If the Jews are an example of not hungering for righteousness, Paul is an example of the opposite. He said he wanted to, “be found in [Christ], not having my own righteousness, which is from the law, but that whichis through faith in Christ, the righteousness which is from God by faith” (Philippians 3:9).
Paul ties together the first two Beatitudes. He used to be like the Jews in Romans 10, but he recognized his spiritual poverty and this caused him to hunger for Christ’s righteousness. For those with that same hunger Jesus says, “You shall be filled.”
This is speaking of a future time, because as long as we live in a sinful, fallen world we have to endure unrighteousness and sin. But at some point it will be done away with and we’ll have our fill of righteousness.
Here’s what we need to ask ourselves:
- Do we hunger for the garbage of the world that will make us spiritually sick, or do we hunger for the things of the Lord? Scripture, worship, prayer, fellowship with other believers?
- Are we trusting in our own righteousness, or do we hunger for the righteousness of Christ that’s available by faith?
If we become satisfied with our faith, love, obedience, our communion with God, and our consecration to Christ–we are truly in a sad condition. We have ceased to grow. There are many professing Christians who are starving their souls in the midst of abundance of spiritual provision, because they have no hunger. There is nothing for which we should pray more earnestly, than for spiritual longing.J.R. Miller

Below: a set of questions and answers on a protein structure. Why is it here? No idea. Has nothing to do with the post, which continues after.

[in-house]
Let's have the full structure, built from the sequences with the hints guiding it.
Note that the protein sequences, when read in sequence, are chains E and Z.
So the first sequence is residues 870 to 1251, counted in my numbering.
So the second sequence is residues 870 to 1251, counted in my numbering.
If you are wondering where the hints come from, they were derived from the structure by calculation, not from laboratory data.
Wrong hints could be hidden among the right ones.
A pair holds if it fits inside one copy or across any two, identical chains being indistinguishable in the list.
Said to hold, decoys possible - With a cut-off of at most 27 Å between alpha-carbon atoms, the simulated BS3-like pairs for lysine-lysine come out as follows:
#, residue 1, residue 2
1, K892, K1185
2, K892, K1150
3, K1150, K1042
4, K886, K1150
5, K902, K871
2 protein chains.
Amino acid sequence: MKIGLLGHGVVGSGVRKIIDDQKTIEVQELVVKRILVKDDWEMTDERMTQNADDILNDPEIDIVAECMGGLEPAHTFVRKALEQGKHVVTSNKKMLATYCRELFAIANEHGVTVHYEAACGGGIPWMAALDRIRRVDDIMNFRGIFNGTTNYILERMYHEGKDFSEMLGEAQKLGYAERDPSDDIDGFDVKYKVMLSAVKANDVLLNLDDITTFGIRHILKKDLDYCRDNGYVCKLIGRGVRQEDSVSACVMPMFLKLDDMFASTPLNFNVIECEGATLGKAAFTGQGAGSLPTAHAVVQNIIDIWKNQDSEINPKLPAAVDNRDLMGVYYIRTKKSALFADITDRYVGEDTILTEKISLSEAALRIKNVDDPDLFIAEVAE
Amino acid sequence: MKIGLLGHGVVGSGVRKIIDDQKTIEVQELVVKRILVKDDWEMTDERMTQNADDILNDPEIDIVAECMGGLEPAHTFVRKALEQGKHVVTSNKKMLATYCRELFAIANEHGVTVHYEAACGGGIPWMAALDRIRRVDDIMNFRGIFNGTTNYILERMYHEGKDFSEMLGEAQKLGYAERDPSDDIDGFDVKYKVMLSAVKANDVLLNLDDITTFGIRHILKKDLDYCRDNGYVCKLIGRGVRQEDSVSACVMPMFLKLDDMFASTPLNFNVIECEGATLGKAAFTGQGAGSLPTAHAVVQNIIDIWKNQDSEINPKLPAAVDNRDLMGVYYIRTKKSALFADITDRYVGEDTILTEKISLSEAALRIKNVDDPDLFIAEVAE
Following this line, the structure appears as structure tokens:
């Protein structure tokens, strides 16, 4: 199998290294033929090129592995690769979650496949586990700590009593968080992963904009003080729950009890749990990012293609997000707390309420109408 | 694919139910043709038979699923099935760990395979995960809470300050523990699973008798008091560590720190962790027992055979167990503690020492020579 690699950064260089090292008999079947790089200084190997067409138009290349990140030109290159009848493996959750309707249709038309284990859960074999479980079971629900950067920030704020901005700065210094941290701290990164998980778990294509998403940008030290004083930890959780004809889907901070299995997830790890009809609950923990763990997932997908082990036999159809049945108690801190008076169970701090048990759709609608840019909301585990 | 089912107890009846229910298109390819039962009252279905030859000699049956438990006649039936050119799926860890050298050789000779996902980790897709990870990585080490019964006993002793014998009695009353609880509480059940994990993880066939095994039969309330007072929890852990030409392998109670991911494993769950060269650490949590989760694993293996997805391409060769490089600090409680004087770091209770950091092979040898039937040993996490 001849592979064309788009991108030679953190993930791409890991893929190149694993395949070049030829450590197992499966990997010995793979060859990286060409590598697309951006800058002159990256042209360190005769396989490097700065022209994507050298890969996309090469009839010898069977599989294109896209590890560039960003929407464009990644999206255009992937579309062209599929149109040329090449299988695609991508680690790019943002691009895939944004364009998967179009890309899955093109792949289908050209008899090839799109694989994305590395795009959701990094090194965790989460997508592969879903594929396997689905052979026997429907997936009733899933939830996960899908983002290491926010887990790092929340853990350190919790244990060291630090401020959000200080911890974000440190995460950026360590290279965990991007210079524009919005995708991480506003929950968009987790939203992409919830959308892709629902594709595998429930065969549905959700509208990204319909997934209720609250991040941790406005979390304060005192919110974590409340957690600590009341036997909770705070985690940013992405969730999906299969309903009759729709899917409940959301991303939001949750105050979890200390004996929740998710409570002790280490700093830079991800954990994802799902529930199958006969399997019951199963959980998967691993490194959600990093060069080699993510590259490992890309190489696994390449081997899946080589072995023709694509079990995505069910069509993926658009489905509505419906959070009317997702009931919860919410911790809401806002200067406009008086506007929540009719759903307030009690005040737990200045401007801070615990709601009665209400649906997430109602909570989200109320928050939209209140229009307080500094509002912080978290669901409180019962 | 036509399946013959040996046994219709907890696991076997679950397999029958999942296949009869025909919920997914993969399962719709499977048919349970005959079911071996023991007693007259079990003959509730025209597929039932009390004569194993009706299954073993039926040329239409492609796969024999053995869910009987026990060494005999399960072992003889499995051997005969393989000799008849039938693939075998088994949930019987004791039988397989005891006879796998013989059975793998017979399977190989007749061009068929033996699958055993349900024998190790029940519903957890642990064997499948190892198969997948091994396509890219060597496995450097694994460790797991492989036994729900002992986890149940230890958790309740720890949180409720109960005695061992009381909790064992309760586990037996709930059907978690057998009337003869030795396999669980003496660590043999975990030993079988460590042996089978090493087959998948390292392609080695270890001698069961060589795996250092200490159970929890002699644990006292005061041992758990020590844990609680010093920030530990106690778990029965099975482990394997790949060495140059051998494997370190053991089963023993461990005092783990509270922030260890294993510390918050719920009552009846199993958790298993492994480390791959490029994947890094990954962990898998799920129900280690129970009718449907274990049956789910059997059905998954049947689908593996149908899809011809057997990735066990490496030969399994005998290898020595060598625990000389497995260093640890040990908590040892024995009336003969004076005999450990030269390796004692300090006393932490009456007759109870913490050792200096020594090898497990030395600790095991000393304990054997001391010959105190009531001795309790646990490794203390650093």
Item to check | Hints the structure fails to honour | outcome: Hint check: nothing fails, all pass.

Blessing for Those Who Weep Over Sin
The third Beatitude discuses spiritual grief:
Blessed are you who weep now, for you shall laugh.Luke 6:21b
Jesus presented values that were contrary to the thinking of the day, and this is a perfect example. The world doesn’t say those who weep are blessed. The world says they are unfortunate or cursed.
Jesus isn’t describing the joyful weeping that might take place at a wedding or the birth of a child, or even the sorrowful weeping that might take place from a loss or suffering. We live in a fallen, sinful world. Everyone weeps at times. In other words, Jesus isn’t saying blessed are those who experience something painful.
Instead, just like the first two Beatitudes, the third also needs to be viewed spiritually. Jesus is describing weeping over sin and wickedness. If you have a heart for God, you’re going to be grieved by the evil that surrounds you, because you know it’s rebellion against Him. Here are four examples…